The EPFO has directed its field offices to start implementing a landmark Supreme Court judgment allowing members a higher pension. The judgment had increased the upper limit for contributions to the Employees’ Pension Scheme (EPS). The petitioners in the judgment were also allowed to make backdated contributions according to the revised upper limit, which would enable them to get higher pensions. However, until recently, reports appeared in the media that the judgment was not being implemented by the EPFO. This is what appears to have now changed.
What was the judgment about?
Both employer and employee contribute 12% each of the salary to the EPF account. Out of the employer’s contribution, 8.33% is allocated to the EPS. However, a ceiling of Rs 15,000 was placed for this 8.33% calculation. In other words, a maximum of Rs 1,250 (8.33% of Rs 15,000) could be allocated towards the EPS.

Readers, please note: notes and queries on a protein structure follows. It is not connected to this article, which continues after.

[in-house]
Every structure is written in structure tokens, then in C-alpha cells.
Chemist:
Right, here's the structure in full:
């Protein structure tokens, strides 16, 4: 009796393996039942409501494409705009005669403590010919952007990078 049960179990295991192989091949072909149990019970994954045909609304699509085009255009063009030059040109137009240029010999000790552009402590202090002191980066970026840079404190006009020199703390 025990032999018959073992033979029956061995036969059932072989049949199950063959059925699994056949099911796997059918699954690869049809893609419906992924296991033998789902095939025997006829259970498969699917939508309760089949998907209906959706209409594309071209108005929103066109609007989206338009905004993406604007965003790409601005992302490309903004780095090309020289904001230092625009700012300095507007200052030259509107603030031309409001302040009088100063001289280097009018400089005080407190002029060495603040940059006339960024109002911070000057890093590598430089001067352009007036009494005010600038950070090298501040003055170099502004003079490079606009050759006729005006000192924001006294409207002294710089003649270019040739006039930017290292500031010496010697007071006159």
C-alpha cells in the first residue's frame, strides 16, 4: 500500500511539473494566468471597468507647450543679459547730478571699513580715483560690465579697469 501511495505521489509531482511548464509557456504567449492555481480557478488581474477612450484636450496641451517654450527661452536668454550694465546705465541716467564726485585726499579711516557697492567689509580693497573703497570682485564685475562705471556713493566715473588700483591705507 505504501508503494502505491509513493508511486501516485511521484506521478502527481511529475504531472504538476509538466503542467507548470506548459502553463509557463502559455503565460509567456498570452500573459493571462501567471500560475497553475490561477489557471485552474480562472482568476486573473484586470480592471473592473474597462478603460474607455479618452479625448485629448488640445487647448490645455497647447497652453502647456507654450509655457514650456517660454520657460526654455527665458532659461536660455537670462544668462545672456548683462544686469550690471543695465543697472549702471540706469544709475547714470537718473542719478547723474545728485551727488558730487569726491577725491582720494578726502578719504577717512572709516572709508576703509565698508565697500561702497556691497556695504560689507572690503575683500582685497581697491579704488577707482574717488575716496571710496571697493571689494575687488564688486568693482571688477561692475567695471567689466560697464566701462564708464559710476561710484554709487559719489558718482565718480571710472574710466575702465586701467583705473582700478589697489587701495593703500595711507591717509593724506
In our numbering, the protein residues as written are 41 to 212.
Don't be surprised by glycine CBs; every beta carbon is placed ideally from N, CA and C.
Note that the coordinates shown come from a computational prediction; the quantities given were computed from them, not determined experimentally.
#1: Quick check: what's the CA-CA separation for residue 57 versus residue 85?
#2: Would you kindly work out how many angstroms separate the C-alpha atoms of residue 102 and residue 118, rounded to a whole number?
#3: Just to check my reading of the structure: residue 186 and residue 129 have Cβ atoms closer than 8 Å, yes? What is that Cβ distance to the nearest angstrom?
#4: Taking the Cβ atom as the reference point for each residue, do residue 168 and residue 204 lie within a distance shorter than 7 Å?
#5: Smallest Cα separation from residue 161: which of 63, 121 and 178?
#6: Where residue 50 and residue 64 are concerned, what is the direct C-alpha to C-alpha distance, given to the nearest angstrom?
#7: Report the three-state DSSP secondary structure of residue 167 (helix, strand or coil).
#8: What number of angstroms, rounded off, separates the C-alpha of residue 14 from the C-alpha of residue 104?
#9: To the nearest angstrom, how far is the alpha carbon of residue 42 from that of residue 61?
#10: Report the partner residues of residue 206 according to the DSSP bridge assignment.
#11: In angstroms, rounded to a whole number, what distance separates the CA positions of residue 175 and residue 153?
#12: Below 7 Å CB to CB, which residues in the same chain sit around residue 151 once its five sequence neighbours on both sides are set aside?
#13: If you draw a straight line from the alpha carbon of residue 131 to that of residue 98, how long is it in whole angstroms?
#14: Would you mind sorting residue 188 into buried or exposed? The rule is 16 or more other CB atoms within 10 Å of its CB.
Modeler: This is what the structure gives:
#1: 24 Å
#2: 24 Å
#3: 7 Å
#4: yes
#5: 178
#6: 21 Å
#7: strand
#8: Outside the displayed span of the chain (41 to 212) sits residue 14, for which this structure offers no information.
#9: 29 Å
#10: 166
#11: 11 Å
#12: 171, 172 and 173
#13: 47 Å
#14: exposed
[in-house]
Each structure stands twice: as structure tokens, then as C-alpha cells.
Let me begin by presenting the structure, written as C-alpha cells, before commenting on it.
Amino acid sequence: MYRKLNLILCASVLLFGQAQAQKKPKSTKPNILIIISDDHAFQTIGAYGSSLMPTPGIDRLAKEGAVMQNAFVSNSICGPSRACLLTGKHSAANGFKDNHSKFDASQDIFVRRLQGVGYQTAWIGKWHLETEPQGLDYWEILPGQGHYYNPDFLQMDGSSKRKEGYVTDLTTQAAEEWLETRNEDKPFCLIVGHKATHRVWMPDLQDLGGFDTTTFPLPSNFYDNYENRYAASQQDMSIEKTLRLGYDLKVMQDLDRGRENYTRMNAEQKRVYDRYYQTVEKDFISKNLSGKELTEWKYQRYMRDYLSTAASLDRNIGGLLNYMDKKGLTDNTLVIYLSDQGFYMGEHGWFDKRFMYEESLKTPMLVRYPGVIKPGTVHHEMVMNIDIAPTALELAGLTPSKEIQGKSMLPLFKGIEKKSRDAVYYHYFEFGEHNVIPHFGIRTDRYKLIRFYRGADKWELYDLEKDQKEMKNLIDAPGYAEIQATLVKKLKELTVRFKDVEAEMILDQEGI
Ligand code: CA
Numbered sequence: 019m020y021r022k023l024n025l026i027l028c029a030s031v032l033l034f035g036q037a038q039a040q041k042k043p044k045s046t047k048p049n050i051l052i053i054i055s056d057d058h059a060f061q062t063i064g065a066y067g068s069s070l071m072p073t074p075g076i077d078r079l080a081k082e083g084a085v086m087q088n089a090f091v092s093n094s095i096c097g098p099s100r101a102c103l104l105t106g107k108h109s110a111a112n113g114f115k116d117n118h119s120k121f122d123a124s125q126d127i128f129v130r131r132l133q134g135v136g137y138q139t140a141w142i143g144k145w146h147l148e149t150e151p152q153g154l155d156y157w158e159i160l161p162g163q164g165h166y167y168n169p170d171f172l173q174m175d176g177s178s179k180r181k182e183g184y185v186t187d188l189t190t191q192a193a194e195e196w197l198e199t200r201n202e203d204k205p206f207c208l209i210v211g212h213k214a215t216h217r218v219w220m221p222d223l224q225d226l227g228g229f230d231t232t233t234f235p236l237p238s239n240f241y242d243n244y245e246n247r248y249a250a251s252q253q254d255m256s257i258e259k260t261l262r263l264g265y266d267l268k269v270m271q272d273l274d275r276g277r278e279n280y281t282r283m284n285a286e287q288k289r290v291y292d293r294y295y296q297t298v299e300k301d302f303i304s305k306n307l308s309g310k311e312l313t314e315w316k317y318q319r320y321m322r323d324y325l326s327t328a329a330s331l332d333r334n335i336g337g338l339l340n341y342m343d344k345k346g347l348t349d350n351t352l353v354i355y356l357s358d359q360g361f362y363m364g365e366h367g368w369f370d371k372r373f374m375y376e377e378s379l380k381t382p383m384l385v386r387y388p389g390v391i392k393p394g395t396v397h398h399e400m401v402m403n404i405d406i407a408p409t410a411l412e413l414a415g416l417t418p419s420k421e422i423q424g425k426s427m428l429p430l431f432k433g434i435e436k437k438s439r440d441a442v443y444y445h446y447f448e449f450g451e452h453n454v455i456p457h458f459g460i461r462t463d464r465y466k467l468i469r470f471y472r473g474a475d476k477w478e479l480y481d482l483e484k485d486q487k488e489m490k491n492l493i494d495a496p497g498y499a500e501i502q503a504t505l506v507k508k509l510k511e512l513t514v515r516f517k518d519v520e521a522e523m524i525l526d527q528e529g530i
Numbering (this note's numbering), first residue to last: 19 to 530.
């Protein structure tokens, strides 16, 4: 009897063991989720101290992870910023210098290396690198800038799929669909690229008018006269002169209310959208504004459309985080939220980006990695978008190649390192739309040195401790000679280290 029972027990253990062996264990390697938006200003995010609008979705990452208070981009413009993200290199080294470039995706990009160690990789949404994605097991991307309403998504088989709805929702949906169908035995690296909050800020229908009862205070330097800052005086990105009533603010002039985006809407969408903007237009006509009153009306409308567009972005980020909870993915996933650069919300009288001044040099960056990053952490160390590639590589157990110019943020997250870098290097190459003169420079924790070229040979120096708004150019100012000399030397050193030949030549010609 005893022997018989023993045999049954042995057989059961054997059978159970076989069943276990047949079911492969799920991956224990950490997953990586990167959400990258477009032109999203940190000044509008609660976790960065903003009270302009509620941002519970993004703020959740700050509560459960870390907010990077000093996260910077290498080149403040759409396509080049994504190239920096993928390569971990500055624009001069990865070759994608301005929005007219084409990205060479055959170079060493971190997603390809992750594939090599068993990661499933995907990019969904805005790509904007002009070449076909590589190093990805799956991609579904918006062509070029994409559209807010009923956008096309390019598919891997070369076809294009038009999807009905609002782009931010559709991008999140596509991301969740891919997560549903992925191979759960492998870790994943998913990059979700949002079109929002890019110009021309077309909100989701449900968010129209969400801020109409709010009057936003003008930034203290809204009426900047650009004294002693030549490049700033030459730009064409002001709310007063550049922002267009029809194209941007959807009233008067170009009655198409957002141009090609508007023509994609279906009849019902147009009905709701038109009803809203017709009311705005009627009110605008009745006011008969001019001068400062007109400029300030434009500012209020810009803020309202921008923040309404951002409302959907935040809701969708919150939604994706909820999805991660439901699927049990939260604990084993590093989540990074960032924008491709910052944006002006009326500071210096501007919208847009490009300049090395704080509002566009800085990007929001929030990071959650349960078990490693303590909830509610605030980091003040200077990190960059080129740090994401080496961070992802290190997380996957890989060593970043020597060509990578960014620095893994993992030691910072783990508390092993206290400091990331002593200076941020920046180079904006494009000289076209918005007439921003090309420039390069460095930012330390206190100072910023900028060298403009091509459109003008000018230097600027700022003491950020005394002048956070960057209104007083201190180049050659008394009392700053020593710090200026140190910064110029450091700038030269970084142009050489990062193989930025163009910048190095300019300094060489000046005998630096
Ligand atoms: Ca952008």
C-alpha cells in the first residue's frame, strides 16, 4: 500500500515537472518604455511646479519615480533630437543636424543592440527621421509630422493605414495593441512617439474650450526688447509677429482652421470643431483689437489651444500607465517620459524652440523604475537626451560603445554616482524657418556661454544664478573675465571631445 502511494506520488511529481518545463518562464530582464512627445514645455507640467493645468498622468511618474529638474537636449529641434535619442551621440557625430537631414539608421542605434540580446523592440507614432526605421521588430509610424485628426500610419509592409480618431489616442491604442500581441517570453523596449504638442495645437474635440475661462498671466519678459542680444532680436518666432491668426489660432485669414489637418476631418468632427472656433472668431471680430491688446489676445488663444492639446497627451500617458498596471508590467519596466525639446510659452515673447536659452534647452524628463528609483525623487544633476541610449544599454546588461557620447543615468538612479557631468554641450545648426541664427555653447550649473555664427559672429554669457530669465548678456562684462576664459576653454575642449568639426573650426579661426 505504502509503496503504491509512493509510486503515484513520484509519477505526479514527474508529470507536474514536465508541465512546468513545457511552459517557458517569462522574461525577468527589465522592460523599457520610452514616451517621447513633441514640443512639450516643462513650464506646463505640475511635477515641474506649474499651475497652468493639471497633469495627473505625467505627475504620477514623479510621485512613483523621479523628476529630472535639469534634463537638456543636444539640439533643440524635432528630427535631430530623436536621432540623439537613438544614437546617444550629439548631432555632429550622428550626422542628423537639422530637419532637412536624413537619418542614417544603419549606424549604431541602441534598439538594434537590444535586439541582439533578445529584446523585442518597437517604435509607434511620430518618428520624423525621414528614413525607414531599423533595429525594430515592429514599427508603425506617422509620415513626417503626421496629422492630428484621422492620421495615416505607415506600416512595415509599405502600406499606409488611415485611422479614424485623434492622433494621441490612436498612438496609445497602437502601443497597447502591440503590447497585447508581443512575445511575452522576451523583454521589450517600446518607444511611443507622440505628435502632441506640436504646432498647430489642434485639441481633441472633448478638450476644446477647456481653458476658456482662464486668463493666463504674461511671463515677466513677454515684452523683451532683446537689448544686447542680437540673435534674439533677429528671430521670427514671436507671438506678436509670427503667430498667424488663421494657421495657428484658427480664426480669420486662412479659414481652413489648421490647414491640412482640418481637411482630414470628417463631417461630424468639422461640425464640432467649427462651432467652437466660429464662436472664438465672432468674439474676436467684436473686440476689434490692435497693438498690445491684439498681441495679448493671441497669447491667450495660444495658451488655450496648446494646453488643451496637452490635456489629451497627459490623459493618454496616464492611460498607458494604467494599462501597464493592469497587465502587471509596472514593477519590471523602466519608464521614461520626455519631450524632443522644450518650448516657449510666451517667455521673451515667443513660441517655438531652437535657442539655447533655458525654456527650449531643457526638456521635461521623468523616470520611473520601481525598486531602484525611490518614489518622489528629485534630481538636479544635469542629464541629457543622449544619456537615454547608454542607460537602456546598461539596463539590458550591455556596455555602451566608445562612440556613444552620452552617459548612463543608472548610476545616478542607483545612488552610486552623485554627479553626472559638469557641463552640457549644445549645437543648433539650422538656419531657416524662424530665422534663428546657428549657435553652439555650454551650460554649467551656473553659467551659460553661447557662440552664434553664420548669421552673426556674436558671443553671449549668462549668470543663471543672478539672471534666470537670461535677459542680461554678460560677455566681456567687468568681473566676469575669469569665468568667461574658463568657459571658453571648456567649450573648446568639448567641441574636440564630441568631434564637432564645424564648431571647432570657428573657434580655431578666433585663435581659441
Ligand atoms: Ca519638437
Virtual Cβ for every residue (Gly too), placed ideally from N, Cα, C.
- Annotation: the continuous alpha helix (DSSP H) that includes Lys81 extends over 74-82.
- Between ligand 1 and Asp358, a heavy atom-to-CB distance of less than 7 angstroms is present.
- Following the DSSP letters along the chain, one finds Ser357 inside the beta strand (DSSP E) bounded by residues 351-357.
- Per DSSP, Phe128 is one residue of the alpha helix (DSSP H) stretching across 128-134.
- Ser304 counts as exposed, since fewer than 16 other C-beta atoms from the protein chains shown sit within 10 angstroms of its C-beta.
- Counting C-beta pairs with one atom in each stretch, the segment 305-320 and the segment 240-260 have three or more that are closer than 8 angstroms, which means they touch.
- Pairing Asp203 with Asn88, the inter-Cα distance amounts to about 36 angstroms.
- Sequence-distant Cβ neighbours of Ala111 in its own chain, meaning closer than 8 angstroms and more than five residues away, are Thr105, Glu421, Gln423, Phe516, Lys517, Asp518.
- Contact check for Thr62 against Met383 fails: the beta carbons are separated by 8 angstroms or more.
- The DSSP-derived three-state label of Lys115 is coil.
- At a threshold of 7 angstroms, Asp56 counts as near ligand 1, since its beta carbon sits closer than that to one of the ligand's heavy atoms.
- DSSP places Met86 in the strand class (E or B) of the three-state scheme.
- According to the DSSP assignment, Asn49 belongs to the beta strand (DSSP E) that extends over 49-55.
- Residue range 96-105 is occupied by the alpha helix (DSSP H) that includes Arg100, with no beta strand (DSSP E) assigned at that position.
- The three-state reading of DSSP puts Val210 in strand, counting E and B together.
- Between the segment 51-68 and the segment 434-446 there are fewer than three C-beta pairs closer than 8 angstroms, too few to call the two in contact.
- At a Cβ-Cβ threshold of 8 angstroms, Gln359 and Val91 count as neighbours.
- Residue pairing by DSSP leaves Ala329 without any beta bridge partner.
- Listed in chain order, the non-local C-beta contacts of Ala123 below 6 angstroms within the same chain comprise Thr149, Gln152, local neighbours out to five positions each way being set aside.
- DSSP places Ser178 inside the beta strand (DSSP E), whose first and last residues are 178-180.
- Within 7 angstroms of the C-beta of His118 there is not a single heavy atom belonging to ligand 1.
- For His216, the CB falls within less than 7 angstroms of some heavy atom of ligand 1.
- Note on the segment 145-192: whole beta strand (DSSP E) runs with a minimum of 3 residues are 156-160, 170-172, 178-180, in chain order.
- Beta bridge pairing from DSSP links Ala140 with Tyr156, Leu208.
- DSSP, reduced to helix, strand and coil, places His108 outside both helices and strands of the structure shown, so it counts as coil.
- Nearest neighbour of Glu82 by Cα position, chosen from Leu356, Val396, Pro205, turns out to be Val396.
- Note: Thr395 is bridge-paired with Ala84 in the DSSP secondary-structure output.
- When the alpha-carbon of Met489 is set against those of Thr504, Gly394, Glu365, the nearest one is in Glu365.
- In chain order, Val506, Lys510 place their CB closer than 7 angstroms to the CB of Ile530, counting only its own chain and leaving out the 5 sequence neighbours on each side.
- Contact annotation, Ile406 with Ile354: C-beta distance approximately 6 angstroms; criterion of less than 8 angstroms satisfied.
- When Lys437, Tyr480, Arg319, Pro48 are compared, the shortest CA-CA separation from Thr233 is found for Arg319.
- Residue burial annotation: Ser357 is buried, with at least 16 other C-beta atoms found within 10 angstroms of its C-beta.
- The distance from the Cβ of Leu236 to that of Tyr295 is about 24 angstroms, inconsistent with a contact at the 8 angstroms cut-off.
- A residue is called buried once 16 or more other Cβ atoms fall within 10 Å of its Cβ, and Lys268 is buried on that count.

A 1996 amendment to the EPF Act allowed employees to raise this proportion to 8.33% of the full pensionable salary rather than just Rs 15,000. In practice though, the Employees’ Provident Fund Organization (EPFO) did not allow this to take place. This policy of the EPFO was challenged by the petitioner.
What the court ruled
The Supreme Court ruled in favour of the petitioners that the EPS contributions could be 8.33% of the full salary (and dearness allowance). It allowed the petitioner to make backdated payments for the years in which he had missed contributing (about Rs 15 lakh). In return, his pension was raised by the appropriate amount.
The net effect caused a significant hike in the employee’s pension (from about Rs 2,300 per month to Rs 30,500 per month). Also, 50% of the pension is payable to the employee’s wife after his demise.
Following this change of stance by the EPFO, you can increase your EPS contributions from 8.33% of Rs 15,000 to 8.33% of your full salary. This will fetch you a much higher pension on retirement.
You can read more about the judgement here.